Links of DNA Deficiency to Autism Strengthened



 In the past, small communities in Finland lived for years in seclusion.  The resulting inbreeding caused the isolation of certain rare genes.

In one such group the incidence of autism and schizophrenia was marked.  A study of this community has led to findings that strengthen the convincing connection between defective cellular processes and autism, schizophrenia and other conditions.

Nelson Freimer and his associates at the University of California, Los Angeles, examined the genetic material of this community in comparison with the larger Finnish population.

They found that a portion of DNA from one of the chromosomes— number 22—was missing in 18 of the 173 people sampled from this cloistered group. Only 1 in 1586 individuals sampled from the rest of the population lacked this DNA.

The testing results support the hypothesis that those suffering from schizophrenia or cognitive impairments have a deficit in this portion of DNA.  This helps us to understand how such disorders are interrelated with biological functioning.

Taking out the DNA is like removing the backbone of a chromosome. Chromosomes are the structures that hold our genes, and genes provide instructions to our bodies about how to develop and function, and govern characteristics such as hair color, blood type and even susceptibility to disease.

But further investigation by a team led by Weidong Wang from the US National Institute on Aging in Baltimore, Maryland disclosed that the deleted region normally contains a specific gene that makes an enzyme called topoisomerase III beta (TOP3B).

The supporting structure of each chromosome is a molecule called deoxyribonucleic acid (DNA).   Genes are genetic material arranged in a line along the DNA molecule.  DNA is in the shape of a double helix, like a twisted rope ladder.  The rungs of the ladder are collections of carbon, hydrogen and oxygen atoms called nitrogenous bases.

Genes create special proteins called enzymes that read and copy (or “transcribe”) the DNA code. The enzymes use this transcription to “unzip” a segment of the DNA to create ribonucleic acid (RNA).  How this happens is that this portion unwinds and splits in half.  Then sugars, phosphates and “free” bases, which make up nucleotides, attach to the bases in the exposed part of the DNA half.  The bases have to match up a particular way, because certain bases always pair  with other bases.  For example, the base adenine (A) always matches up with thymine (T).  The result is a strand attached to the DNA half, which is RNA.  RNA is a reverse copy of the DNA strand.  While the DNA molecule is double stranded (two sides of the ladder), the RNA has only a single strand.  The RNA detaches itself from the DNA half.  The two strands of the DNA then reunite.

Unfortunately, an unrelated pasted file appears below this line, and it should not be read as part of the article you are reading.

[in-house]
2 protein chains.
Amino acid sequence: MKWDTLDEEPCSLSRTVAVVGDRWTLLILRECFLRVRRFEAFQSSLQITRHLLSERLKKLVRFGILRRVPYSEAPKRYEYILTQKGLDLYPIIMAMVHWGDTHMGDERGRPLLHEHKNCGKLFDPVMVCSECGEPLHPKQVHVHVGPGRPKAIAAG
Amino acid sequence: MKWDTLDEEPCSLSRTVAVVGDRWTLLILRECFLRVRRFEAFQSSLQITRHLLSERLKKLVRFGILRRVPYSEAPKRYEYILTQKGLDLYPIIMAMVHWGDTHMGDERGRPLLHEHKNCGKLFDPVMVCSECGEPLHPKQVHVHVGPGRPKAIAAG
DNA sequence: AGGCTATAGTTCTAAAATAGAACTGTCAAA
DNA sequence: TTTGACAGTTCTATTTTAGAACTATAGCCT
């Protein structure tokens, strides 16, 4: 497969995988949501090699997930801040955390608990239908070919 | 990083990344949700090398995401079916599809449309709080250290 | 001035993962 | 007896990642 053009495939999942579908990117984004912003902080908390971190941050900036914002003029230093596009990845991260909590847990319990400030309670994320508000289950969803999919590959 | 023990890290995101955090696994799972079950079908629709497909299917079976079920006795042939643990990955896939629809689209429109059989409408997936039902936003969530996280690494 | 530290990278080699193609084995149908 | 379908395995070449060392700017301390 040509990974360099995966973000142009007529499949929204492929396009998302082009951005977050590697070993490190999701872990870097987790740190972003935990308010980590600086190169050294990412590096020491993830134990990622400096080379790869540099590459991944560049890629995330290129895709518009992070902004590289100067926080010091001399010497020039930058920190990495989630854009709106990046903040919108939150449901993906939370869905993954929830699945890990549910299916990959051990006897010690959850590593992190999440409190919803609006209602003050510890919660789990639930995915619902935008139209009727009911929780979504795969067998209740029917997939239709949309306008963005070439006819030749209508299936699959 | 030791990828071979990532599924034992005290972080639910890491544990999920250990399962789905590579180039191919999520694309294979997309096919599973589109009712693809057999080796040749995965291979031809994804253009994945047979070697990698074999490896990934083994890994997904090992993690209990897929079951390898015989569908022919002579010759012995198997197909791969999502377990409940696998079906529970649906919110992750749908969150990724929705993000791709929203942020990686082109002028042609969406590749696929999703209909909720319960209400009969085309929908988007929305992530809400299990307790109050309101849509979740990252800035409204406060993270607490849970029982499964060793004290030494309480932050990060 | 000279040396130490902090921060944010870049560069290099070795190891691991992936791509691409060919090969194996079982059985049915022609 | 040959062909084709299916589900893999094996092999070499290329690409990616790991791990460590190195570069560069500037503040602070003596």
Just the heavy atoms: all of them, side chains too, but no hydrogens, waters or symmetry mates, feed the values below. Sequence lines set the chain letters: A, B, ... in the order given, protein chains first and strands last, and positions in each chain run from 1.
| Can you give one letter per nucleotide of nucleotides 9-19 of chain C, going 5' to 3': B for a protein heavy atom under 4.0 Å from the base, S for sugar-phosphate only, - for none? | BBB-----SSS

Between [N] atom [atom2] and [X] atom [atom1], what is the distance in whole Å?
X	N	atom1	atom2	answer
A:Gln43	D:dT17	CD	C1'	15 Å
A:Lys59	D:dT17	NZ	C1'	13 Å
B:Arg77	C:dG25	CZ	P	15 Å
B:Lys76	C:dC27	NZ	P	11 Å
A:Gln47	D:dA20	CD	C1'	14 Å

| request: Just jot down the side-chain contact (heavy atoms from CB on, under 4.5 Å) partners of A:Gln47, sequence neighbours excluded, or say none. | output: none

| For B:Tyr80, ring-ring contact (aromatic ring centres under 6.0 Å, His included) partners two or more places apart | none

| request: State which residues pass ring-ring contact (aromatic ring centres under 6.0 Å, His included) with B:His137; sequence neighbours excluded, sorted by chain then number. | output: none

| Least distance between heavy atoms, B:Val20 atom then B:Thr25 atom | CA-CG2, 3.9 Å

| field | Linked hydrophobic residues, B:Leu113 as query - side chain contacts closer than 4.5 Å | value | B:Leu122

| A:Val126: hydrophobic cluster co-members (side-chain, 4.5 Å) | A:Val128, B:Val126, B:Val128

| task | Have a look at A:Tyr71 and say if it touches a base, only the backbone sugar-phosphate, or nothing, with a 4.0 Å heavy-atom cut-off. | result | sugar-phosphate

Meanwhile the RNA, now designated as the messenger RNA, or mRNA, travels out of the nucleus of the cell—where all this is taking place—to the cytoplasm or outer portion of the cell and meets the ribosome, a granule of cytoplasm that uses the DNA recipe to create a certain protein. Protein is required by the human body to build, maintain and repair body tissues.  One type of cell where all of this occurs is the neuron, which is the essential part of the nervous system, communicating information throughout the body. Neurons are also called “nerve cells.”

If TOP3B is absent, the copying of the DNA half to create RNA will not happen as it should, because TOP3B plays a part in regulating the winding and unwinding of RNA. This may lead to a change in the shape of the RNA, which would affect the creation of proteins through the RNAs’ interactions with the ribosomes.  The way in which neurons grow and connect would be impacted. Faulty neural connections have been linked to schizophrenia, autism, and fragile X syndrome.

While a look at a segregated Finnish community showed an association between a want of DNA and autism, a study by Calleb Weber and colleagues at the University of Oxford of 181 autistic individuals disclosed that many had a deficiency or surplus of genes significant to the transmission of neuronal signals.  At the center of a network of genes, depicted in a computer reconstruction, areas in which there were too few or too many genes caused the signals to be diverted.

These results make more certain the correlation of genes with autism and other syndromes, which has already been fairly well established.


By:  Tom Ukinski



New Scientist (I) and New Scientist (II);  The Tech Museum of Innovation;; and National Human Genome Research Institute